I just got married in Ecuador. We were told that now you must go to Quito or Guayaquil to be married. It will matter what registro de civil you go to. In Guayaquil there is at least 5 I think. We went to three and all had different requirements. The last one was the easiest because my fiancée was alone and asked the woman to help her. If you are divorced you must have an apostilled Copy and if posible an apostilled translation. Translations can be done here and should but for some reason an apostilled translation is accepted with out any trouble even though the apostill doesn't certify the translation. The "certificado de soltera" you get at the US Consulate here in Ecuador. Also I came here on the standard 3 month visa and got a 6 month visa while here and did not need a medical exam or police report. I can recommend my lawyer in a private email if you want. I came on a round trip ticket and have heard of others coming on a one way but there can be problems. If I remember correctly there was no savings on a one way when I booked my flight. Do bring an apostilled birth certificate and police report if you plan to stay after you are married. You can apply for citizenship once married.

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8/9/2010 09:49 EST

my partner and I are trying to figure out how we can both qualify for residents - we will most likely purchase property - but do we have to be married for us both to get the investor visa/residency ? "been there done that"- so we'd rather not - but even if we both contribute to the purchase of property we must be married?

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8/9/2010 18:24 EST

painternc, I actually made a post about that, not sure where it is though. Yes, you will have to be married in order to qualify for the $25,000 investment visa as a couple, OR you can each have your own, $25 grand each, the escritura will have to be divided and what a hassle. As I said in my last post (I can't find it!), my husband and I got married here in Ecuador (our ceremony in the states many years ago, was not a "legal" one), in the south of Quito, in Tomebamba. That is one place that I know if and there must be other places now where one can marry, as someone said there were various in Guayaquil. Very easy. It's only a piece of paper you know. Commitment to us has nothing do to with the comical ceremony that we had to endure! (I wish we could have filmed it!) If you have the money and need to 'not be married' it will be 25 grand each. No way to get around it. When in Rome...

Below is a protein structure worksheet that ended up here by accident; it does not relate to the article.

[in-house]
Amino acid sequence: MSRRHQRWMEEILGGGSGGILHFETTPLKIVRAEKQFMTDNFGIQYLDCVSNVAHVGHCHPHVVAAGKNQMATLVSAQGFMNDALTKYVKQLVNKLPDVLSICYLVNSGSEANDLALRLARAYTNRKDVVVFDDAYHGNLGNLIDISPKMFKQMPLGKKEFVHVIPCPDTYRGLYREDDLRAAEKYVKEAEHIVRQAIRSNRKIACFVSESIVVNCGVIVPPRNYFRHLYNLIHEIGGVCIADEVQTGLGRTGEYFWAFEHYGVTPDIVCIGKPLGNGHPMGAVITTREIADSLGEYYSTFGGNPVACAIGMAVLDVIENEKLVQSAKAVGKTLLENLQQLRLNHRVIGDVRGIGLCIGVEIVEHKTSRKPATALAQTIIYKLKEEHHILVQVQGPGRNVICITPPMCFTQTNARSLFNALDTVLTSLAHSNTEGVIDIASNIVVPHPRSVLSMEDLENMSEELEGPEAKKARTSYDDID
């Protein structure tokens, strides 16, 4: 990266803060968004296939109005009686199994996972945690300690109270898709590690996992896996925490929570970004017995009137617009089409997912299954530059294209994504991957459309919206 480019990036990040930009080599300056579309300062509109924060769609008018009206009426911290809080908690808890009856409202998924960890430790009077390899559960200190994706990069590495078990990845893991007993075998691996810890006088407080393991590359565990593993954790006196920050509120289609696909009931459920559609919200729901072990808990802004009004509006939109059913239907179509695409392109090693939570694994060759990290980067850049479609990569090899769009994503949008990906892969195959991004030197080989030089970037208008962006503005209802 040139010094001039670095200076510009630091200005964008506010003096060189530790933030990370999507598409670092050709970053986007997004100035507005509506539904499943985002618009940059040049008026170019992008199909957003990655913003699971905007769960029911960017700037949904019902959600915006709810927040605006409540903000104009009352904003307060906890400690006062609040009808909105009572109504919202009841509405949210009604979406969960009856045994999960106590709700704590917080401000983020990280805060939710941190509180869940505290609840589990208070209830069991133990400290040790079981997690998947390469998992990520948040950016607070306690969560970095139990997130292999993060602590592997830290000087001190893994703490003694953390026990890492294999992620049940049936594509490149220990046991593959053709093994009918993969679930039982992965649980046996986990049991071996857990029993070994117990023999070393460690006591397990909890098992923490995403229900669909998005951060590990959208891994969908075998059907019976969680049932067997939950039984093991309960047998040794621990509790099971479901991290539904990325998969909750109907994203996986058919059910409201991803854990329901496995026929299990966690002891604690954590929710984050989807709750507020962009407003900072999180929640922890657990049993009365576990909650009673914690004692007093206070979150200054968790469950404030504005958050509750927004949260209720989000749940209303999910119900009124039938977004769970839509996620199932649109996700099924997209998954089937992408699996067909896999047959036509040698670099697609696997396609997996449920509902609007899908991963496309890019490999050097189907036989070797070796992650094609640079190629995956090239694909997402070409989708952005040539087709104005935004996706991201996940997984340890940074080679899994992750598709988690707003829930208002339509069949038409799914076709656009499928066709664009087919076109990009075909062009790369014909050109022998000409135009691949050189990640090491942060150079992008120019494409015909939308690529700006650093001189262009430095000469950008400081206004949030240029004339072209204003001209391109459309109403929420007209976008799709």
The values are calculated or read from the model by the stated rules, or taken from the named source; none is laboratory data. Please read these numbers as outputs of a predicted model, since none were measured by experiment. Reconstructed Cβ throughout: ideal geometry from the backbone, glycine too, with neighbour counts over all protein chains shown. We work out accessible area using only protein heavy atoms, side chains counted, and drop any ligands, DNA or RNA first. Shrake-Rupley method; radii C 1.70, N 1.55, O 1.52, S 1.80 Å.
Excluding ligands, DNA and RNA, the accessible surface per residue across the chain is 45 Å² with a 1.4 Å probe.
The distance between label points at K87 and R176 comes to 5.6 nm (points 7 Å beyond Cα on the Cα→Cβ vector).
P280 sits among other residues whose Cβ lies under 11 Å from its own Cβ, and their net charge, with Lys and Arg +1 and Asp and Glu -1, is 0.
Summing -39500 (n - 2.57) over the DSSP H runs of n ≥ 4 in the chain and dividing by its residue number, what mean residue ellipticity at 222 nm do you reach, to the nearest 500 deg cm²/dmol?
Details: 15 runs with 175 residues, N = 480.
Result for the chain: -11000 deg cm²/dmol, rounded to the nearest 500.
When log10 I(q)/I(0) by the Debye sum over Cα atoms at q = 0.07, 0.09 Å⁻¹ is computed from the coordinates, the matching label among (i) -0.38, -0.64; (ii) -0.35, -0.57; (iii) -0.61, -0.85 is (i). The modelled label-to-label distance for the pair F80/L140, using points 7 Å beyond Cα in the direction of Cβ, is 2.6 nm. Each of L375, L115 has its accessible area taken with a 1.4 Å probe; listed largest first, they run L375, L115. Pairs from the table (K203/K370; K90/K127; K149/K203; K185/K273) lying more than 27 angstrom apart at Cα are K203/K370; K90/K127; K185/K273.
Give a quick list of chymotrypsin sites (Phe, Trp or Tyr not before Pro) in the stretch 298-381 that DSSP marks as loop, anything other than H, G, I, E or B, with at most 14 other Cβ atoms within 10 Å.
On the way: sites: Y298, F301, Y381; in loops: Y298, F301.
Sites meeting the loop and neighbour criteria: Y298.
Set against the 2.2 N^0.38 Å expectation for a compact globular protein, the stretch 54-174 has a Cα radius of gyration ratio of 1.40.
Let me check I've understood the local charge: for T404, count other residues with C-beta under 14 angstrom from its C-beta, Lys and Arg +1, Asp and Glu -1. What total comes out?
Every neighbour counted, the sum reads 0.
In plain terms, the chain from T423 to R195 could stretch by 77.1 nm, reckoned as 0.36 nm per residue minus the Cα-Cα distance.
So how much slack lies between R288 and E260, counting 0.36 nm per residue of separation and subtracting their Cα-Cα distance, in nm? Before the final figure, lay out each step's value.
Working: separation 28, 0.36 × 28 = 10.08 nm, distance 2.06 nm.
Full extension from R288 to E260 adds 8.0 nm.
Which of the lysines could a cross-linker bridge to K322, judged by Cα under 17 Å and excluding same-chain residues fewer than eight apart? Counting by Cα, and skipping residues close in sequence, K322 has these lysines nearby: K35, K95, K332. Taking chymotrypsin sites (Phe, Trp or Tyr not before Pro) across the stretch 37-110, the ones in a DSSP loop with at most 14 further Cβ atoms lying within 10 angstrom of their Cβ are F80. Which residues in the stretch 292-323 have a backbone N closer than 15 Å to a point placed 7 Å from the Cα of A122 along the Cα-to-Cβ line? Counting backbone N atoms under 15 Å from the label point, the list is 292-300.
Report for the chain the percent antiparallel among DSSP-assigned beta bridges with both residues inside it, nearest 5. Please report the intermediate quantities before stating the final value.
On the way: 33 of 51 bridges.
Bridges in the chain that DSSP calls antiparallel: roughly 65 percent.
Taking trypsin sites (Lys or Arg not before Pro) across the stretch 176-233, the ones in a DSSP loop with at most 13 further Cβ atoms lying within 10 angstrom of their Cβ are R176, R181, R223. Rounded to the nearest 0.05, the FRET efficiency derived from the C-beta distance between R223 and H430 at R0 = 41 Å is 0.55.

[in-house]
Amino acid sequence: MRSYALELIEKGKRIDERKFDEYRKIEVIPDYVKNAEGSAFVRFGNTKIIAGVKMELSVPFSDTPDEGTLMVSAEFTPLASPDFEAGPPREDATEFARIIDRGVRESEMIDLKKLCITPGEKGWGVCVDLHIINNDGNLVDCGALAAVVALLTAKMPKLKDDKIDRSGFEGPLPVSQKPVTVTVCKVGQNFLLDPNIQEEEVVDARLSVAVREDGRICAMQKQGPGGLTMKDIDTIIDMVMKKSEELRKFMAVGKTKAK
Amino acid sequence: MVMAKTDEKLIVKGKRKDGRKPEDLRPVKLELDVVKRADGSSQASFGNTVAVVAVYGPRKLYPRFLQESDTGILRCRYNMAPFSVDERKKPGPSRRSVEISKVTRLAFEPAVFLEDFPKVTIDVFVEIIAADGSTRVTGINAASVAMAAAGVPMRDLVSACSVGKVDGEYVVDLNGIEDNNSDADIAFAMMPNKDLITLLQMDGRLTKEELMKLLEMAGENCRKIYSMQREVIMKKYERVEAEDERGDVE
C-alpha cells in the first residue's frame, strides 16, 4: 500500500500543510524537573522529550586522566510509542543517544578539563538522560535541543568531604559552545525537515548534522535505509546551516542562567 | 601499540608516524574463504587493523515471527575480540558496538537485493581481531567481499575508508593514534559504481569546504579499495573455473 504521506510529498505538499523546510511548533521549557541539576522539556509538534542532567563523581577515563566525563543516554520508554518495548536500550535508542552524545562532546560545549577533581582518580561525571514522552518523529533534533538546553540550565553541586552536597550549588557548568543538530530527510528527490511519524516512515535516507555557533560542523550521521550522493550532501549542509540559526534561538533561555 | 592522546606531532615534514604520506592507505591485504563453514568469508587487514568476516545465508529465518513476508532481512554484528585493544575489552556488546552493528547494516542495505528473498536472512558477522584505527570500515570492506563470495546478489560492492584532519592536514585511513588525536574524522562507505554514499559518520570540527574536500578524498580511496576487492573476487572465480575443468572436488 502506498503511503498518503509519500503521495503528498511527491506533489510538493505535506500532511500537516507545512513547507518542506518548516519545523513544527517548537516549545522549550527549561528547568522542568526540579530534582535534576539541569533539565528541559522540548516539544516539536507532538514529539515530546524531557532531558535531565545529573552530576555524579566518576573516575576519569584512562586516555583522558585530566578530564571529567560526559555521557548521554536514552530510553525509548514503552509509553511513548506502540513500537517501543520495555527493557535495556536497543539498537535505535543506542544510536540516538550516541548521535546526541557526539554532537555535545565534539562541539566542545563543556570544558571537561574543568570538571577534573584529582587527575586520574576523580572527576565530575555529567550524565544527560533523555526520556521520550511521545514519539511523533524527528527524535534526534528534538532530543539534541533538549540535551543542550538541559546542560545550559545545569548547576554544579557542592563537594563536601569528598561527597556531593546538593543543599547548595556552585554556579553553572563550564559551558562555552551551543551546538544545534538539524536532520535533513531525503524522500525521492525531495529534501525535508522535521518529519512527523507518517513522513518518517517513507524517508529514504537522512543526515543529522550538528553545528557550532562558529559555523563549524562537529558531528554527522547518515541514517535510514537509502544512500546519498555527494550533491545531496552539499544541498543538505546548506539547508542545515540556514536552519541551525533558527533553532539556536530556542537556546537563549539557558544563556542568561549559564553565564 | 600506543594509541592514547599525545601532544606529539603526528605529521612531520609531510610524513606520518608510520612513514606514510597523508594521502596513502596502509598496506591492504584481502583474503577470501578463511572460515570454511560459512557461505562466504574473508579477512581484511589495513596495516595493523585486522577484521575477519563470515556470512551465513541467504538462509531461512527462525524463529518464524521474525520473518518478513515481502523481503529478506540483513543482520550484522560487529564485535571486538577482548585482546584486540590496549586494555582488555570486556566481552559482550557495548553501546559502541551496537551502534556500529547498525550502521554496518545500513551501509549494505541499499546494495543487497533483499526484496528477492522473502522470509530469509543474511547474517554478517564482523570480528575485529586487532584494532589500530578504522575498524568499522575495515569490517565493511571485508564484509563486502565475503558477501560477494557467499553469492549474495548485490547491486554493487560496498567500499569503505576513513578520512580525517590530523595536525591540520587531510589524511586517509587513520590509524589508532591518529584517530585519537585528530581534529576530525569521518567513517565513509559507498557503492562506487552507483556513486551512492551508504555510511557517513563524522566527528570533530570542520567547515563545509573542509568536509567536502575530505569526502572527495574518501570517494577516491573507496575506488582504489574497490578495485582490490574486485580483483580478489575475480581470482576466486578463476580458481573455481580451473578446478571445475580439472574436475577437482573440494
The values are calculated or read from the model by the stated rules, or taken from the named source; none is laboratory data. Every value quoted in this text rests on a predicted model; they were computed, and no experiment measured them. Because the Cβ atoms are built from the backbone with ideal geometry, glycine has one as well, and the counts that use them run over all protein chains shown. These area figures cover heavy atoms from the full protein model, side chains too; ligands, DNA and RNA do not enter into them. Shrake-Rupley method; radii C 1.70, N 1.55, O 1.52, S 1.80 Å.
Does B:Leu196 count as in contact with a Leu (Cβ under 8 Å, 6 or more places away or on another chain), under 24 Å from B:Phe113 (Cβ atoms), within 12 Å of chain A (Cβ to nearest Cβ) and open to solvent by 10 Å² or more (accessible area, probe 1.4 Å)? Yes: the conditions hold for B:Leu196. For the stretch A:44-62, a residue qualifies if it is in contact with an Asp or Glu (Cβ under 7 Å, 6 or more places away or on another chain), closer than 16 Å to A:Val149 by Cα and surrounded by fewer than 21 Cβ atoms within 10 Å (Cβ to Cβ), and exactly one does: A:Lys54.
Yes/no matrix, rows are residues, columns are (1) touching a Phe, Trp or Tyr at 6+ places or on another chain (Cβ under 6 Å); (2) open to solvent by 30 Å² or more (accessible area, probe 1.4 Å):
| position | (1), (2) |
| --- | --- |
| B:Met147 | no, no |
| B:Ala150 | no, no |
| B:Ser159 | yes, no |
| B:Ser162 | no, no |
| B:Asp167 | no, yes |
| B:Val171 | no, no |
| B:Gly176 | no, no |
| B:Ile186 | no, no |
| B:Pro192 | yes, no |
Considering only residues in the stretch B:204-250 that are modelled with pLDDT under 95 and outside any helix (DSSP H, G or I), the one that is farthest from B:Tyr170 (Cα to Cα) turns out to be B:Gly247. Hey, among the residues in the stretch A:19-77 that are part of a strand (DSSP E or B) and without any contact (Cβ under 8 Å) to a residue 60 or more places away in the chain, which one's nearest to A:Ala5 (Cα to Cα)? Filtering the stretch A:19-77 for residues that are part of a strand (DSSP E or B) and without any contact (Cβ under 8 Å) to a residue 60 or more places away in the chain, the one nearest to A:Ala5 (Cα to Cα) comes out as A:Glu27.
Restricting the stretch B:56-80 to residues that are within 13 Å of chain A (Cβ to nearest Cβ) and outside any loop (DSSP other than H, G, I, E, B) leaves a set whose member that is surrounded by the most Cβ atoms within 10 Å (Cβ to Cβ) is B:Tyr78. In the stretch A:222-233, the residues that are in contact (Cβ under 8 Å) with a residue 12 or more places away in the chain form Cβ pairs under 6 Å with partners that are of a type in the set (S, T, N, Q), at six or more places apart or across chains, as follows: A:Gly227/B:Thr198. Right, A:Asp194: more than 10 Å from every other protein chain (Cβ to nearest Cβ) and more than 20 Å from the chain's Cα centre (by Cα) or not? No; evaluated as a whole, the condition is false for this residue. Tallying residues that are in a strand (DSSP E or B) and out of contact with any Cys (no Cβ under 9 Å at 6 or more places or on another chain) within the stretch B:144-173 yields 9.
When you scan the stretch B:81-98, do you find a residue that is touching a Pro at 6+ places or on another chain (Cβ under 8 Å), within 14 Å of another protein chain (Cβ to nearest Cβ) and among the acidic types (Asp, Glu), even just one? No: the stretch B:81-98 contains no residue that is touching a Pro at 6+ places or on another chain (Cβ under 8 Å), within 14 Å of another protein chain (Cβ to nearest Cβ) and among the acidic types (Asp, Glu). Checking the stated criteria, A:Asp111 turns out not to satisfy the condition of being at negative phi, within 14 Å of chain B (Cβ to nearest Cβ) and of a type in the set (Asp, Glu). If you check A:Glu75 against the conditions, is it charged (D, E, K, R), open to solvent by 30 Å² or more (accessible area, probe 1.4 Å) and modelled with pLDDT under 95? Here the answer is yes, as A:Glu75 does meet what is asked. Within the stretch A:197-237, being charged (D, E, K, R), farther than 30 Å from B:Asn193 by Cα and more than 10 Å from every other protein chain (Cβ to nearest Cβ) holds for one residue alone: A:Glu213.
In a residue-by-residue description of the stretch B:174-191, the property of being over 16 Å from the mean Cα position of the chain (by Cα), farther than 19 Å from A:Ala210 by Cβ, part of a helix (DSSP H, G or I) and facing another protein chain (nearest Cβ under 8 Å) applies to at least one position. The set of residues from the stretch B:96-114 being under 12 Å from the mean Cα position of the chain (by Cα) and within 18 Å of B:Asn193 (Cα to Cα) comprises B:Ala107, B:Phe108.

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8/10/2010 11:24 EST

I did not get married in Ecuador, but rather in the US to a dual Ecuadorian/American citizen. We have since moved to Ecuador, where I am in the process of becoming a citizen. A person married to an Ecuadorian can apply directly for citizenship, rather than residency if they wish.

It is very important to have your birth certificate translated and apostilized, which is done by the Secretary of State office in the state where you were born. The birth certificate must be the complete version and not the abbreviated version some states issue for purposes like getting a passport. Also if you marry in the states, your marriage certificate needs to be translated and apostilized by the Secretary of State office in the state where you were married.